Undoubtedly the Orphans' Court Act of June 7, 1917, P.L. 363, Sec. 22(b), 20 P.S. 2602, gives us the discretionary right to refer an Orphans' Court proceeding to an auditor appointed by this court if we think justice requires it, but that power will be, as it has been in the past, most sparingly exercised and will not be permitted as a substitute for a bill of review: Stewart's Appeal, 86 Pa. 149 (1878). In fact the Reports show only two cases*fn* wherein that power was
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ever exercised -- both before the Constitution of 1874, and never since then. Perhaps only in a case where there is no other way in which right and justice may be done ought that power be exercised. This is not such a case. The request for transfer of the case to the Philadelphia Orphans' Court is most novel. We have been referred to no statute which gives us the right to transfer an Orphans' Court case from one judicial district to another. True, a judge of one district may, in the circumstances outlined by Sec. 3(a) of the Orphans' Court Act of 1917, P.L. 363, 20 P.S. 2121, call upon a judge of another judicial district to sit specially. And judges free to take such special assignments may register their willingness to accept such a call with the Prothonotary of this Court; that, however, is an entirely different matter. But even if we had the power pursuant to our general supervisory jurisdiction under the "King's Bench Power" we see no reason to exercise it here, and by doing so cast an undeserved reflection on the learned judge below in whose ability and fairness we have every confidence.
Decree affirmed at the appellant's costs.
Decree affirmed at the appellant's costs.
Opinion BY MR. JUSTICE BELL, concurring in part and dissenting in part
I concur in part and dissent in part.
Wagner's first contention is that he never employed the executors or authorized them to engage in the will contest or to employ counsel. In this I believe he is absolutely correct. The executors admit that they were never expressly employed by Wagner in any capacity; Mr. Kivko testified that when he asked Wagner if he wanted the executors to represent him "Wagner just blew his top off"; and the auditor found, based on ample testimony, that "Wagner refused to hire the executors or to sign any kind of an agreement to retain them or anyone else". Even in this Court, the
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executors complained that Wagner gave them no assistance and constantly impeded their efforts. It is therefore difficult to understand how the majority find that Wagner's failure to employ his own attorney or to vigorously object to what the executors were doing in behalf of the estate implied acquiescence on his part and bence employment. This conclusion seems to me to be a non sequitur; and in the light of the evidence, unsustainable.
The general rule that an executor is not required to defend a will and has no authority to employ counsel at the expense of the estate in a will contest is clearly and ably stated, together with its exceptions, in the majority opinion. I would approve the action of these executors and their employment of counsel by adding another exception to the aforesaid general rule, viz.: An executor is authorized to defend a will and to employ counsel in a will contest at the expense of the estate, if none of the beneficiaries of the will attempt to defend the will.
Wagner's second contention is that the fees and commissions charged were excessive. Mrs. Bennett's estate, as shown by the Inventory and Appraisement, totaled $75,459.00, composed as follows: Cash ($8405.71); Household Furnishings ($3624.78); Jewelry and Clothing ($8555.50); Stocks ($54,900.). These stocks were: 1300 shares, Crucible Steel Company, $46,150.; 1200 shares, Curtiss-Wright, $6750.; 20 shares, Citizens Electric Company, $2000. Decedent's debts totaled only $365.90 and her funeral expenses, $861.73.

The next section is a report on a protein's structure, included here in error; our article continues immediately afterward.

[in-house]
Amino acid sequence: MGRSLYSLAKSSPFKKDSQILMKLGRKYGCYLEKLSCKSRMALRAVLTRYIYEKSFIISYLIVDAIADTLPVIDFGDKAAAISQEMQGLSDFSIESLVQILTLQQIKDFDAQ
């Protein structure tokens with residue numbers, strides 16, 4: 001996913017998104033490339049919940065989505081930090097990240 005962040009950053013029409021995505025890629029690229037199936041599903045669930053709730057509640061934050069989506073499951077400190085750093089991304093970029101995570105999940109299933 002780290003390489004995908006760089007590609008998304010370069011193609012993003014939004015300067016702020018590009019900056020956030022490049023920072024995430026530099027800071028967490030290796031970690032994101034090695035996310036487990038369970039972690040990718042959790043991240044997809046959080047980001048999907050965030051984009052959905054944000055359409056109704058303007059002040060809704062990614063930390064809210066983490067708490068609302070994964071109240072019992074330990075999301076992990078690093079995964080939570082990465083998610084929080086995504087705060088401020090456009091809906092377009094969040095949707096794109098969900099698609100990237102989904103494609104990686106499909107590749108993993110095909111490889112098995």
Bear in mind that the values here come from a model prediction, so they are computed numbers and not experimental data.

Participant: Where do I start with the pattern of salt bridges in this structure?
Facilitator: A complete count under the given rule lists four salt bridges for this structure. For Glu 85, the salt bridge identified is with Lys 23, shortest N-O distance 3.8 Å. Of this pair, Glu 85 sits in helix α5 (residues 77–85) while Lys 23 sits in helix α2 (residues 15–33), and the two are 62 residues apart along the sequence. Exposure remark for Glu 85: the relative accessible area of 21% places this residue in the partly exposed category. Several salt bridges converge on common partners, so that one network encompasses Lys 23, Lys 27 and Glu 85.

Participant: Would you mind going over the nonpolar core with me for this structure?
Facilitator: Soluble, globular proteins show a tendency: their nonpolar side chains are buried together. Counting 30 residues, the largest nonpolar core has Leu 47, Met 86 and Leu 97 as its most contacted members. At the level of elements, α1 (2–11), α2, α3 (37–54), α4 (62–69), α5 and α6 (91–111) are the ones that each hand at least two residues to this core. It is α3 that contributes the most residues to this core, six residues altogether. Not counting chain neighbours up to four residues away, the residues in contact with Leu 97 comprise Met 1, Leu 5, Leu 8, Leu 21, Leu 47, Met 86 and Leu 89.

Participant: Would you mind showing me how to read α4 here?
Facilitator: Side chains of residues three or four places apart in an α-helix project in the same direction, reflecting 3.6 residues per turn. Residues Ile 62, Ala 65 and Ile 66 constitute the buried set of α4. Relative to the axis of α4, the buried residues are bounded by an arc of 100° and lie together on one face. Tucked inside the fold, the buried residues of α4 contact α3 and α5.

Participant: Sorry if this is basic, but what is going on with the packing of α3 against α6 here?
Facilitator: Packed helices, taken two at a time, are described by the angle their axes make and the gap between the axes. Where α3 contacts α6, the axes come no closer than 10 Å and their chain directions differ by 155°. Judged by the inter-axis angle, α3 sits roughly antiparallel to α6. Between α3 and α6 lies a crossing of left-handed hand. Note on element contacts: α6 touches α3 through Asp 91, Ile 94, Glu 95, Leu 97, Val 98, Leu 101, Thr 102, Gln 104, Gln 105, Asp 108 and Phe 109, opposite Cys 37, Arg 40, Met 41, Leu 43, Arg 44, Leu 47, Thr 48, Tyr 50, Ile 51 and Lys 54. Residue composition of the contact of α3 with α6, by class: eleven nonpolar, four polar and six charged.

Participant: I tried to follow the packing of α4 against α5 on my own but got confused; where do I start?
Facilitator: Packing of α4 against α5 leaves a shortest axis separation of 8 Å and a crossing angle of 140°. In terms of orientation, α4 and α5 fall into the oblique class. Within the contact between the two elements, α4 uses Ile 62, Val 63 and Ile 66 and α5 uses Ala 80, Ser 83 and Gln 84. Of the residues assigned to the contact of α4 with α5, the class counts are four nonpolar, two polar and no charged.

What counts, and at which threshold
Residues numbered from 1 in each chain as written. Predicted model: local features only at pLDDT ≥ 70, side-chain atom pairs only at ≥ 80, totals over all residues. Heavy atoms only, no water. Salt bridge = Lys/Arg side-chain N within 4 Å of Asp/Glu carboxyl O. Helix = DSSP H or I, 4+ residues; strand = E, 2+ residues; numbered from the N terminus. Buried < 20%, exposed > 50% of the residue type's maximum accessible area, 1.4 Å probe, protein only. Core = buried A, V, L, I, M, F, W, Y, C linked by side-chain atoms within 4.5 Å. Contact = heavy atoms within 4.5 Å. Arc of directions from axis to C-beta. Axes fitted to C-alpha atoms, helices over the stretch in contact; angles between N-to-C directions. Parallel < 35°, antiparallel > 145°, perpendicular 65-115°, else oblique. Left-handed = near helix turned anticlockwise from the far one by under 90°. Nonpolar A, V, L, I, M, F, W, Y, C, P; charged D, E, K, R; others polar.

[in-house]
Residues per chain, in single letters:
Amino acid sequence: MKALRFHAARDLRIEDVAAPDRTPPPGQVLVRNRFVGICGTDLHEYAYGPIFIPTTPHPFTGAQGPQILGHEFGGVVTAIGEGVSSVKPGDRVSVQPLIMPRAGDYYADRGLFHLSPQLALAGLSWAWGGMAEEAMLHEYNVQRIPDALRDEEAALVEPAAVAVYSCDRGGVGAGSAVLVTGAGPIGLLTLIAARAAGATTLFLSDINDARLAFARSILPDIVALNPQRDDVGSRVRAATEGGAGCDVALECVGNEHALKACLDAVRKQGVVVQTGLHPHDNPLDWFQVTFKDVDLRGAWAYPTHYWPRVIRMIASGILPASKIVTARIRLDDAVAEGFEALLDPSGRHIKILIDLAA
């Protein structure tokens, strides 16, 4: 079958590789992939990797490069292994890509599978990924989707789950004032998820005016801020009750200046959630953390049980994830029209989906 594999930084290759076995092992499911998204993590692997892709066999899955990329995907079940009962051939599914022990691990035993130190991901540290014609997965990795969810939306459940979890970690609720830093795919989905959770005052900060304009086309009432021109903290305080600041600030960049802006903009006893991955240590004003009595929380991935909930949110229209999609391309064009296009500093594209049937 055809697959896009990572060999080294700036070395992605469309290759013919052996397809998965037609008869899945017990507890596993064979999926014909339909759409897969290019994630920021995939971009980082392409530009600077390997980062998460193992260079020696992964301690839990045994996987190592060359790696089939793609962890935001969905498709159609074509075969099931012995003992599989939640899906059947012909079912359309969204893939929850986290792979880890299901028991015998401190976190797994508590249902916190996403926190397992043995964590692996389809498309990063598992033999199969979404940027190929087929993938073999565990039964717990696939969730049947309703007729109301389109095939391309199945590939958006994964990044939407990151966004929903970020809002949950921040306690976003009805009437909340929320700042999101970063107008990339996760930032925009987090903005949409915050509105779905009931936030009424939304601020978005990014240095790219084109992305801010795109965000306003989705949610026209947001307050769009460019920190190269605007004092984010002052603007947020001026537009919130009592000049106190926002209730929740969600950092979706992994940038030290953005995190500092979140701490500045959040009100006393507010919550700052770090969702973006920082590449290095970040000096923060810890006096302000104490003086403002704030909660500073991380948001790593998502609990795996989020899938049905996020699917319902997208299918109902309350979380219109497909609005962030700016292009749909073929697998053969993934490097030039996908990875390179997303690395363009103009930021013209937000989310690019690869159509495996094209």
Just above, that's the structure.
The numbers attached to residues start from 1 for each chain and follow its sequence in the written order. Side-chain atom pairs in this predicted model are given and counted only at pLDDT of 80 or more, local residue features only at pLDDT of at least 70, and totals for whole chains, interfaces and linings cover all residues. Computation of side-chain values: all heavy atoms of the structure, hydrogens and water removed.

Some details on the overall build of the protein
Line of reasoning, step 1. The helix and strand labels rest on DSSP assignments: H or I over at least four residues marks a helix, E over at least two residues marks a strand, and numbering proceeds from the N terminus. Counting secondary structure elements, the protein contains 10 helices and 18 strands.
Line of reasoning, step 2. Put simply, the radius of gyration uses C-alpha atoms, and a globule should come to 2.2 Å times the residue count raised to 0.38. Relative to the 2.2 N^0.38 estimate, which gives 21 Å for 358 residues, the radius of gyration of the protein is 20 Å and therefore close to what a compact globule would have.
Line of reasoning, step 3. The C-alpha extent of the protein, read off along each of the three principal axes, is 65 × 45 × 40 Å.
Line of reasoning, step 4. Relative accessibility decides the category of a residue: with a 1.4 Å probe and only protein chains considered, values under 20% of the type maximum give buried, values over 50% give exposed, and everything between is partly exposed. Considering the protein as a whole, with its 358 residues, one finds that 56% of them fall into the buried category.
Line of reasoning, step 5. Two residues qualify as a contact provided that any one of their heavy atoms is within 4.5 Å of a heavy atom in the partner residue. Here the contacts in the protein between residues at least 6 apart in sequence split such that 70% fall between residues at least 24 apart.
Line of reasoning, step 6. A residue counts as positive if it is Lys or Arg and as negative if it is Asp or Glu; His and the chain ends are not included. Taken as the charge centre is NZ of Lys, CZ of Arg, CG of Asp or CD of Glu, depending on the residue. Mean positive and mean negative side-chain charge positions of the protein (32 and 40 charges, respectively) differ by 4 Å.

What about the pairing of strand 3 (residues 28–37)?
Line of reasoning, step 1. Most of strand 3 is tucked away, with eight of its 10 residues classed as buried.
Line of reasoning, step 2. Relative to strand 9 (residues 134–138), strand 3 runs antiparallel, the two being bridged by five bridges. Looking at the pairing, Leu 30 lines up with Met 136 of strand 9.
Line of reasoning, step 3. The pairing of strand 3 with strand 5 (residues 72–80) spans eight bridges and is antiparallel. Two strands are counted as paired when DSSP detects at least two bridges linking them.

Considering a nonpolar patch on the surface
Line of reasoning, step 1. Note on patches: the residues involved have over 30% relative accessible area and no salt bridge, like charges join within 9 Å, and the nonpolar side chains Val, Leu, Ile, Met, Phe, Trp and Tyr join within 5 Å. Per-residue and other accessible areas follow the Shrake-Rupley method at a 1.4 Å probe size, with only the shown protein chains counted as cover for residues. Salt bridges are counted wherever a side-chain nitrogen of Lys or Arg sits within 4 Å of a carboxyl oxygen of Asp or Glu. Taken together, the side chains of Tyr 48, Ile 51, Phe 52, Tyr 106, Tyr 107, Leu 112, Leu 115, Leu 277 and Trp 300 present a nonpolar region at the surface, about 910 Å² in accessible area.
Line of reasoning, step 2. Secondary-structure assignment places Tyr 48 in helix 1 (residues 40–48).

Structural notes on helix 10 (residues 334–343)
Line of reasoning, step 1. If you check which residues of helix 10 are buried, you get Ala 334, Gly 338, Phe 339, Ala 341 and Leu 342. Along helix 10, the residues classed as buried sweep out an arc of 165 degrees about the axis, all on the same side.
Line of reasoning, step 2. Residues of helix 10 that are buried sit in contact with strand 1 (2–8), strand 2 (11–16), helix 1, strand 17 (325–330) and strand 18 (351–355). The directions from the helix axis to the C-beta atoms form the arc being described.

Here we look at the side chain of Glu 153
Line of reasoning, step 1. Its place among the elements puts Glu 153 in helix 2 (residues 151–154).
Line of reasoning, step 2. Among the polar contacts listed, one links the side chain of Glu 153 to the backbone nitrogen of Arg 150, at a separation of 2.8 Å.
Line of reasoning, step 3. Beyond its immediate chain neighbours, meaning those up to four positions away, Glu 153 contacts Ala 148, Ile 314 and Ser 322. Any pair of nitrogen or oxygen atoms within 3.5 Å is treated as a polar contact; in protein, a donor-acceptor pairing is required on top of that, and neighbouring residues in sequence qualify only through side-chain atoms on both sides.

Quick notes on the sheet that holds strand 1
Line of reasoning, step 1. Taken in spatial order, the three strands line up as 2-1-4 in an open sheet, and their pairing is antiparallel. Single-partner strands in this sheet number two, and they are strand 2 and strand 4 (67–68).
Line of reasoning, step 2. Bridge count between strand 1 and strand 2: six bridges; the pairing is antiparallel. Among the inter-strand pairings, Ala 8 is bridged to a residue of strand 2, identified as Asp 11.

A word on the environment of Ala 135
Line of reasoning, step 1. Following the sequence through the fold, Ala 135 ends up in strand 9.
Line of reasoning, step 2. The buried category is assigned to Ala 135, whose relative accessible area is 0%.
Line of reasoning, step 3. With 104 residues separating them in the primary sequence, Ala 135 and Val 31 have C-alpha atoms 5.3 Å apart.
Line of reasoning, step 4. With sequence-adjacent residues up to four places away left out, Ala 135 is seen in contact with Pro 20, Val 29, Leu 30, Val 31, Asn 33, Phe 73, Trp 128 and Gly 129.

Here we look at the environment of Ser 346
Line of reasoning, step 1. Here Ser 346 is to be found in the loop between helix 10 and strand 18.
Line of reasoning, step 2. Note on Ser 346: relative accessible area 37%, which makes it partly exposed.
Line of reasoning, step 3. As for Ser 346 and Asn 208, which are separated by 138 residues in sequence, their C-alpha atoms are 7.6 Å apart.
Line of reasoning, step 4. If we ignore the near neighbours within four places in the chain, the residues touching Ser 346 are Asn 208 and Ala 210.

Obviously the estate was a very simple one and as exceptionally easy to administer and distribute. As further illustrating its simplicity, the total Debits, Income Account, were $832.84 and the total Credits, Income Account, None. In order to pay executors' commissions, counsel fees and taxes, the Curtiss-Wright
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stock was sold at a gain of $450., the Citizens Electric Company stock was sold at a gain of $20; and 600 shares of Crucible Steel Company stock were sold at a very large loss of $7562.50 -- over 33%. The executors eventually distributed to Wagner, the sole legatee: (1) Jewelry, wearing apparel and household goods, in kind, at their inventory value and (2) 700 shares of Crucible Steel Company stock at its inventory value; and as appears improperly in the account, $1000. cash to Wagner representing payments on account of distribution over a period of a year. The total inventory value for distribution amounted to $37,030.28, but the assets had a market value of less than $30,000. (if Wagner could sell the jewelry, clothing and household furnishings at their inventory value).
The executors, in what was described as Appraisement and Net Income, claimed deductions and executors' commissions of $8200. In their First and Final Account the executors rendered a combined charge for their services as executors and counsel of $9300., and in addition claimed additional counsel fees qua counsel. While the executors qua executors or qua lawyers did a large amount of work in the will contest, this is only one of the factors to be considered in determining compensation for either an attorney or an executor: Gardner's Estate, 323 Pa. 229, 238, 185 A. 804; Quigley's Estate, 329 Pa. 281, 295, 198 A. 85; Harrison's Estate, 217 Pa. 207, 66 A. 354; Huffman Estate (No. 3), 349 Pa. 59, 64, 36 A.2d 640; Robbins v. Weinstein, 143 Pa. Superior Ct. 307, 314, 17 A.2d 629. Two of the other factors to be taken into consideration are the skill with which the estate was administered and the will defended, and the amount involved. It has been the experience of every lawyer that the amount involved often necessitates a much smaller fee than the work would have otherwise justified. The compensation or commissions and fees claimed by these executors, qua executors,
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and by three counsel, two of whom were these executors, amounted to $19,300. -- over 25% of the gross estate and approximately 40% of the net estate. This is too much; and the award thereof, being a clear abuse of discretion, constituted palpable error necessitating a reversal or modification of the decree.